AWS released a learning path documenting the creation of a Unicorn ride service known as Wild Rydes. While the learning path (found here) is great at helping users understand the high level concepts of serverless architecture and the nitty gritty details of provisiong API gateways, DynamoDB tables, etc. it wasn’t very ‘real world’ friendly. This document aims to take the learning path a step up utilizing a few bash scripts, and the Serverless Framework to emulate a real world workflow. As a note I would strongly recommend completing the learning path as intended, then come back and revisit this page. That will give you a greater appreciation for how powerful and easy the Serverless Framework truly is.

First things first. What is Serverless Framework and how do I use it? Visit to learn more about what it is, and to walk through the installation and initial setup. Once you have your environment setup we can begin to walk through the serverless.yml and see how this correlates with learning module.


If you haven’t gone through this learning path as intended some of the things might seem out of order. I will be referencing lines in the serverless.yml that aren’t in sequential order. At some point every line in the .yml will be covered, it just may seem missequenced.

There are a few things that need to be specified before we begin to declare resources to be provisioned, IAM role statements, and the like. I will cover the entirety of the serverless.yml file used for this project. The first few lines in our serverless.yml don’t have any real bearing on the modules and are just informative:

service: wild-rydes

frameworkVersion: ">=1.26.1 <2.0.0"

  stage: ${opt:stage, self:provider.stage}

  name: aws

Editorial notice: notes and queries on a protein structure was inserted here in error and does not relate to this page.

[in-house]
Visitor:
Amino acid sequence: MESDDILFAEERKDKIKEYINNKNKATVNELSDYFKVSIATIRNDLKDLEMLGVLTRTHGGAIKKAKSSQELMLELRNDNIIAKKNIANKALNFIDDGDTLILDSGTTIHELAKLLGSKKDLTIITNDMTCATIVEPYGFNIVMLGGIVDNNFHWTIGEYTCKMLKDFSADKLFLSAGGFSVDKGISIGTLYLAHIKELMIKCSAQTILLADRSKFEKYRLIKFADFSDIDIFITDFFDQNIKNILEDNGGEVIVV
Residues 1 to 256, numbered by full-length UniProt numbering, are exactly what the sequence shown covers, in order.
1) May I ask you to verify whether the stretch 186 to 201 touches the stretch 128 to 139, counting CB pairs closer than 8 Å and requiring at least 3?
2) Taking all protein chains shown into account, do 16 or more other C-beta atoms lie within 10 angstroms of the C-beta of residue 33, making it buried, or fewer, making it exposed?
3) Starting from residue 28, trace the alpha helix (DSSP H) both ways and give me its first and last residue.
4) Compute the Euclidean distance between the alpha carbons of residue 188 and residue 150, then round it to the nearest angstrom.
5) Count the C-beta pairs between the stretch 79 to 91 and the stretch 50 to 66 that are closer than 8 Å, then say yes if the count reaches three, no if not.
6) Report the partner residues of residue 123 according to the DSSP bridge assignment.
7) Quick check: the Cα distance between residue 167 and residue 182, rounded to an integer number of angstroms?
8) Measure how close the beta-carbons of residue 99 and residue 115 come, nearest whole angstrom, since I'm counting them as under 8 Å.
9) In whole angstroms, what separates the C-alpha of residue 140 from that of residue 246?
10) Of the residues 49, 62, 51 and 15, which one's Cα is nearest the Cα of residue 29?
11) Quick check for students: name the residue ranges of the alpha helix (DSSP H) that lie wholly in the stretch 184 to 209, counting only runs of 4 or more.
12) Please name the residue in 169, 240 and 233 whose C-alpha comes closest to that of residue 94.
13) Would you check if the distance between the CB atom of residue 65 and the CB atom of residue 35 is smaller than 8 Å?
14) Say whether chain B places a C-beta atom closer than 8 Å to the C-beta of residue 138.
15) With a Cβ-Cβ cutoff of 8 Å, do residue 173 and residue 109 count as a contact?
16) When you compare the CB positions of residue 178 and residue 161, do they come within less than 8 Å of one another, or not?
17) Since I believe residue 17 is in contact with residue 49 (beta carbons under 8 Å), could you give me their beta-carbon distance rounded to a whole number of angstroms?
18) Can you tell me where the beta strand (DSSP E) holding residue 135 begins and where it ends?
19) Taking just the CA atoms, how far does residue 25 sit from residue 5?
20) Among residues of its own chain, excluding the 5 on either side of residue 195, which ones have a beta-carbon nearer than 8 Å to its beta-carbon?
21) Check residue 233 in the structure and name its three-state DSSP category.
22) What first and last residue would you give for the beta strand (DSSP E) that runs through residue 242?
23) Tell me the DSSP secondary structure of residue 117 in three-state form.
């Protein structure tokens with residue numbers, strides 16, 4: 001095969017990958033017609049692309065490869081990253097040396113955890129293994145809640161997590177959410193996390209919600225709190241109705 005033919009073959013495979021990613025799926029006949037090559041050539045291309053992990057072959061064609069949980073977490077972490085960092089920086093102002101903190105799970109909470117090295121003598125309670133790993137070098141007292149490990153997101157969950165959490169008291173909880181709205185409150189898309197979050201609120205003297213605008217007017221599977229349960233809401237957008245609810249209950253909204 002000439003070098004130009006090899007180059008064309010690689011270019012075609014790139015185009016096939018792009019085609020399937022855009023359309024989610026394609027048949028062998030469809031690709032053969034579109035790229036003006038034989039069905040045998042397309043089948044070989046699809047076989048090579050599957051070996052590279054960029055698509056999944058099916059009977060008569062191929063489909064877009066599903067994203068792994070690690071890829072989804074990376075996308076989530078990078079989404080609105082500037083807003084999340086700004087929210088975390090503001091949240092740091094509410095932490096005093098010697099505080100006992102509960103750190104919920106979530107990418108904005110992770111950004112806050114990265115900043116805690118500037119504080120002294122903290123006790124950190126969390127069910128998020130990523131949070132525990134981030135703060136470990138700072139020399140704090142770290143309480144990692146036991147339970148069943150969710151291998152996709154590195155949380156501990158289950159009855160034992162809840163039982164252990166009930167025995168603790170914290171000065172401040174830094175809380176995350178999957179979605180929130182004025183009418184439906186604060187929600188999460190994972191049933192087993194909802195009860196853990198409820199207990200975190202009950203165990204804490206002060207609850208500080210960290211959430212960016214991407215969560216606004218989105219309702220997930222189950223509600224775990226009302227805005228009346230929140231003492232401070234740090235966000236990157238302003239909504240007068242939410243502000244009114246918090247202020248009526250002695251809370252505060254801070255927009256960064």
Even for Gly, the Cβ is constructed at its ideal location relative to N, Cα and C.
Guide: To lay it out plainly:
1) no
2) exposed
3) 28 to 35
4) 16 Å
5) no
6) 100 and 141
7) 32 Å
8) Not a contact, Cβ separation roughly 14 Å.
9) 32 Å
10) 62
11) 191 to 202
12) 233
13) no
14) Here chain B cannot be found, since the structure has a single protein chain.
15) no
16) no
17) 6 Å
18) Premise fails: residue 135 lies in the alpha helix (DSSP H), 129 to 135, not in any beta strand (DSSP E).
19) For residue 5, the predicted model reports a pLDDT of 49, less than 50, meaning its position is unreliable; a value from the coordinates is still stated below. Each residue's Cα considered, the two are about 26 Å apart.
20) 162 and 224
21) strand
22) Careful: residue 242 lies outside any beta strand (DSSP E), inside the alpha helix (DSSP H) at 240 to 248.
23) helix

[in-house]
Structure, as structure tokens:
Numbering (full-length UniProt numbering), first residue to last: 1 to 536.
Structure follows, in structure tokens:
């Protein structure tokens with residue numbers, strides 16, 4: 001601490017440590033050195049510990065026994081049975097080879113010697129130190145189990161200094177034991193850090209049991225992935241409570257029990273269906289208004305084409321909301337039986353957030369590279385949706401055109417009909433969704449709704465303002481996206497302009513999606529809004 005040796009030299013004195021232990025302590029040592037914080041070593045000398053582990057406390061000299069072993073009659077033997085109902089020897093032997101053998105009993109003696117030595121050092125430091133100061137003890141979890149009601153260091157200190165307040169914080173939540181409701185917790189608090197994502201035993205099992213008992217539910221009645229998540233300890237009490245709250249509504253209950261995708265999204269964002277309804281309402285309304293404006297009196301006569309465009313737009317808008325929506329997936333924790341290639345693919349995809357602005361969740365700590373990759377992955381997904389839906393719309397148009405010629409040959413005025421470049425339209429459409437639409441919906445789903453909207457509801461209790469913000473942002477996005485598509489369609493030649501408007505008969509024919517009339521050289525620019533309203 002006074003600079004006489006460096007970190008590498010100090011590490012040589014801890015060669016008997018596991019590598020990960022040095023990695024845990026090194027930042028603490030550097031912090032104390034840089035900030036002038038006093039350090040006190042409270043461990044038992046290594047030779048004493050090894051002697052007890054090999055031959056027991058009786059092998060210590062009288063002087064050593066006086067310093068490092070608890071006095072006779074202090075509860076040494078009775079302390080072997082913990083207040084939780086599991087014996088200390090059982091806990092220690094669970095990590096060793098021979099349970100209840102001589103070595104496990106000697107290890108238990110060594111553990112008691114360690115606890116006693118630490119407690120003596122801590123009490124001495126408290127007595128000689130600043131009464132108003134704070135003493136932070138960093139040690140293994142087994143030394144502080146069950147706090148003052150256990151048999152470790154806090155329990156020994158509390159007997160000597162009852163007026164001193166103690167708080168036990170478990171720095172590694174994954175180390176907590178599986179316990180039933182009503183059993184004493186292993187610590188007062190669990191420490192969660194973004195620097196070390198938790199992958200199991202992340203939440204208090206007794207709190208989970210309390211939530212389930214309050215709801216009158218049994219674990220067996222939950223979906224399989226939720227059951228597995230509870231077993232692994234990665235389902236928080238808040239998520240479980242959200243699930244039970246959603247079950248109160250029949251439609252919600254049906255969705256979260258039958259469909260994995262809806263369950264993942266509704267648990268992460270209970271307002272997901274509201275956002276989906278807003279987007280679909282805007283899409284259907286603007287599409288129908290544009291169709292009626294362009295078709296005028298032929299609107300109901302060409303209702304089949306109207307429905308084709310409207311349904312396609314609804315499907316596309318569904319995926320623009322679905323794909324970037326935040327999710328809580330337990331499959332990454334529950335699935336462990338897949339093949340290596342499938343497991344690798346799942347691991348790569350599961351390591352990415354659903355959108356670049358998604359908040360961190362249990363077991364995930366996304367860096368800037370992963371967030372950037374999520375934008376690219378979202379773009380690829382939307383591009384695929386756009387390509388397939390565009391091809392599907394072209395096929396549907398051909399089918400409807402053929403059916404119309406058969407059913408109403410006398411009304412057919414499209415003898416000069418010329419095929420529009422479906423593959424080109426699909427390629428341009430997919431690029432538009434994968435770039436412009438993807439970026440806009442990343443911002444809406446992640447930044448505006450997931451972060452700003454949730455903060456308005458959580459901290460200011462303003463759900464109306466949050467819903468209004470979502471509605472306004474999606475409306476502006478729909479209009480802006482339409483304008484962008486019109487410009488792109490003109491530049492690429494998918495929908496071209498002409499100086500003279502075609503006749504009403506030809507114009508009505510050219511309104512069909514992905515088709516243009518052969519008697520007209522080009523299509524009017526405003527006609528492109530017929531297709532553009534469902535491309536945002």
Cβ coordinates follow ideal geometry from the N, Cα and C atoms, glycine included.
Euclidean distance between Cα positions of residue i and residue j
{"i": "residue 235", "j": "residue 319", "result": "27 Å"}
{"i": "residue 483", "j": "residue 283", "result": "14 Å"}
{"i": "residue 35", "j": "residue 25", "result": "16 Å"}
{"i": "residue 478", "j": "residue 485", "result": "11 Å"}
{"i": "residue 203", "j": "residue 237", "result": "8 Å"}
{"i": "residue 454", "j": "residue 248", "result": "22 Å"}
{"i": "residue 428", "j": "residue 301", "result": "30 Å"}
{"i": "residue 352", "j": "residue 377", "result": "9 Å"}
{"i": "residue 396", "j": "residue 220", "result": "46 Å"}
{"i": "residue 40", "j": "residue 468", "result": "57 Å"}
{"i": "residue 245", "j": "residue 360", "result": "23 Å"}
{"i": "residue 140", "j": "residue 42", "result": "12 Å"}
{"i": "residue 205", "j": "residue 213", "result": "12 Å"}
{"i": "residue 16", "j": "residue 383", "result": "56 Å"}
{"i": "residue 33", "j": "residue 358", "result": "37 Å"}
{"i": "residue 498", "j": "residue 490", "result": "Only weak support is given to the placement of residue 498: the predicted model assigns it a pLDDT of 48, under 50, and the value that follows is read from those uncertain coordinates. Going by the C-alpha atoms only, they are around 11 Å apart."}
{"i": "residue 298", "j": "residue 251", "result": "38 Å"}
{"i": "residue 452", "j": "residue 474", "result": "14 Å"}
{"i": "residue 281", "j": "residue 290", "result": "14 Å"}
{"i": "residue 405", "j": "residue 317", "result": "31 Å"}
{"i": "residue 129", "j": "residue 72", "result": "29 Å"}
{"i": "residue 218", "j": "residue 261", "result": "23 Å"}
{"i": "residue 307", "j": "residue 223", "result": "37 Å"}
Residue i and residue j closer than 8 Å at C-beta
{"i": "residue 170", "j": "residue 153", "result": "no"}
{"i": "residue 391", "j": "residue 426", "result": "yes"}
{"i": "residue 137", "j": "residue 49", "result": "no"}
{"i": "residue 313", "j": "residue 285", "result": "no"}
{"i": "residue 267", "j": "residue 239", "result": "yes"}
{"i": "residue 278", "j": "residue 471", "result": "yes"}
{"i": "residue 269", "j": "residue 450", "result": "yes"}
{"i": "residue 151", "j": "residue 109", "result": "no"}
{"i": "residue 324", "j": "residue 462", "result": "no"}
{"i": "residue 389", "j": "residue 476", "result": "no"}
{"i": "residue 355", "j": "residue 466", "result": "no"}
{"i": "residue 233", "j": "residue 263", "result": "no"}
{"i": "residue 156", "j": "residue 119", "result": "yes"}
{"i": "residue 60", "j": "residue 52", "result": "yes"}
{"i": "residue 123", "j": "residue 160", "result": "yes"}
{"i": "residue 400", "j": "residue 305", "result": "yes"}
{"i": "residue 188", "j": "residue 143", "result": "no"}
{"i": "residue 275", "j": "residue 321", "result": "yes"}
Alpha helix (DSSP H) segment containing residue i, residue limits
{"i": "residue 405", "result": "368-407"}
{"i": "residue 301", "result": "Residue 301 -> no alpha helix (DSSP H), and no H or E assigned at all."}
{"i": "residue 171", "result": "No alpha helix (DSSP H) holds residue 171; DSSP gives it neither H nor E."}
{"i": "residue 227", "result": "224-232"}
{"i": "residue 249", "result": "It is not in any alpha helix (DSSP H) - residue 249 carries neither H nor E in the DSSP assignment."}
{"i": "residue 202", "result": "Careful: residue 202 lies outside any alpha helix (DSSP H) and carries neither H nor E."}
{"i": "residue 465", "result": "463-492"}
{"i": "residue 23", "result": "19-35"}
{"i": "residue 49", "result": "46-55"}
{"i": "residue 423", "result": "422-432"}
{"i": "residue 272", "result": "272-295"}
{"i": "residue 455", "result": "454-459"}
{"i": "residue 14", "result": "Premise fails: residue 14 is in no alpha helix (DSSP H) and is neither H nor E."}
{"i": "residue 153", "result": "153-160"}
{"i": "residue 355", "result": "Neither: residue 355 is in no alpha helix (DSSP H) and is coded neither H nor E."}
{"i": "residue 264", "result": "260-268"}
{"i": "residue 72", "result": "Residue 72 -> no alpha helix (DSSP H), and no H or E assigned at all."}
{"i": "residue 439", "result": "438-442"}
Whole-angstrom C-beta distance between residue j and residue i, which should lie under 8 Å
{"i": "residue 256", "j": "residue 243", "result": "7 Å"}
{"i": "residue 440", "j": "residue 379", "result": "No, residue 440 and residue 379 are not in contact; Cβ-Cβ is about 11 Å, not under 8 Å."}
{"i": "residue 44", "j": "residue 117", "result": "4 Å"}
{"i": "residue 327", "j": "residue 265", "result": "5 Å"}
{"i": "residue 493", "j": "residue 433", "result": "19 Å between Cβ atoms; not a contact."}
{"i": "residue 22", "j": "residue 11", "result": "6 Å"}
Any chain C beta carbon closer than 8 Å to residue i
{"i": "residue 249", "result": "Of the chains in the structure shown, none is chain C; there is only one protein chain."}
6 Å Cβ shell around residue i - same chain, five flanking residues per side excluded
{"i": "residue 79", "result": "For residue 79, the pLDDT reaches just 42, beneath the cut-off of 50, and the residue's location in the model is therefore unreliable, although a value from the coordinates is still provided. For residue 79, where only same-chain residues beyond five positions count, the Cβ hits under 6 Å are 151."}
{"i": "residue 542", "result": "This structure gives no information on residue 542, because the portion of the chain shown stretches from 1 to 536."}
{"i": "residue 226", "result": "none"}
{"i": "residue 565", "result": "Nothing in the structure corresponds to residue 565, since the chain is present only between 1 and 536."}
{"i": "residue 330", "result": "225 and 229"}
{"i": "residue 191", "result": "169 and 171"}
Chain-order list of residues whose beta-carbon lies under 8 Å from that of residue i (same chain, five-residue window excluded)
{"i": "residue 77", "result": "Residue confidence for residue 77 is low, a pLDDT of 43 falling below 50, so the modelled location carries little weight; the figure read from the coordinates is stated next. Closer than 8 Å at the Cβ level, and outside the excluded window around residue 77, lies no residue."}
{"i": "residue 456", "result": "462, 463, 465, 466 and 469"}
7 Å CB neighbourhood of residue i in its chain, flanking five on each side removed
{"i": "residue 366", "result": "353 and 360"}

runtime: nodejs6.10
  region: us-east-1
    sls_stage: ${self:custom.stage}
    db_name: {Ref: Rides}

As you can see from the above we’re defining our service name and the version of the Serverless framework. Nex there is a custom stage option define. This is so we can differentiate between dev, and prod, etc. Then follows all of the provider information. In this case it happens to be AWS; however, please note that the Serverless Framework is flexible and can be used to deploy services in Azure and other Cloud Providers as well. Lastly we have our environment definitions. These were both custom and not necessary for the deployment of this service; however, it will help keep things clean and organized.

Module 1

The goal of this module is to essentially create an S3 bucket, upload static content, and then create a policy that makes it accessible to anonymous users (i.e. the world), and then enable website hosting on said bucket. This is all pretty easy but quite labor intensive normally. With the Serverless Framework the following lines are all we need to provision the S3 bucket and configure it as needed:

      Type: AWS::S3::Bucket
          ErrorDocument: index.html
          IndexDocument: index.html

This snippet of the serverless.yml is creating a WebSite enabled S3 bucket and defining the Error and Index documents on the fly!

While we will walk through deploying this project at the end of this document the following shell script is what I use to push my static files into the designated S3 bucket. As a reminder, please remember this script will not work if you have not deployed this service (as it does not yet exist):

set -eu

echo "Deploying static assets to ${STAGE}..."

    cloudformation describe-stacks \
    --stack-name "wild-rydes-${STAGE}" \
    --query "Stacks[0].Outputs[?OutputKey=='WebSiteBucket'] | [0].OutputValue" \
    --output text)

    cloudformation describe-stacks \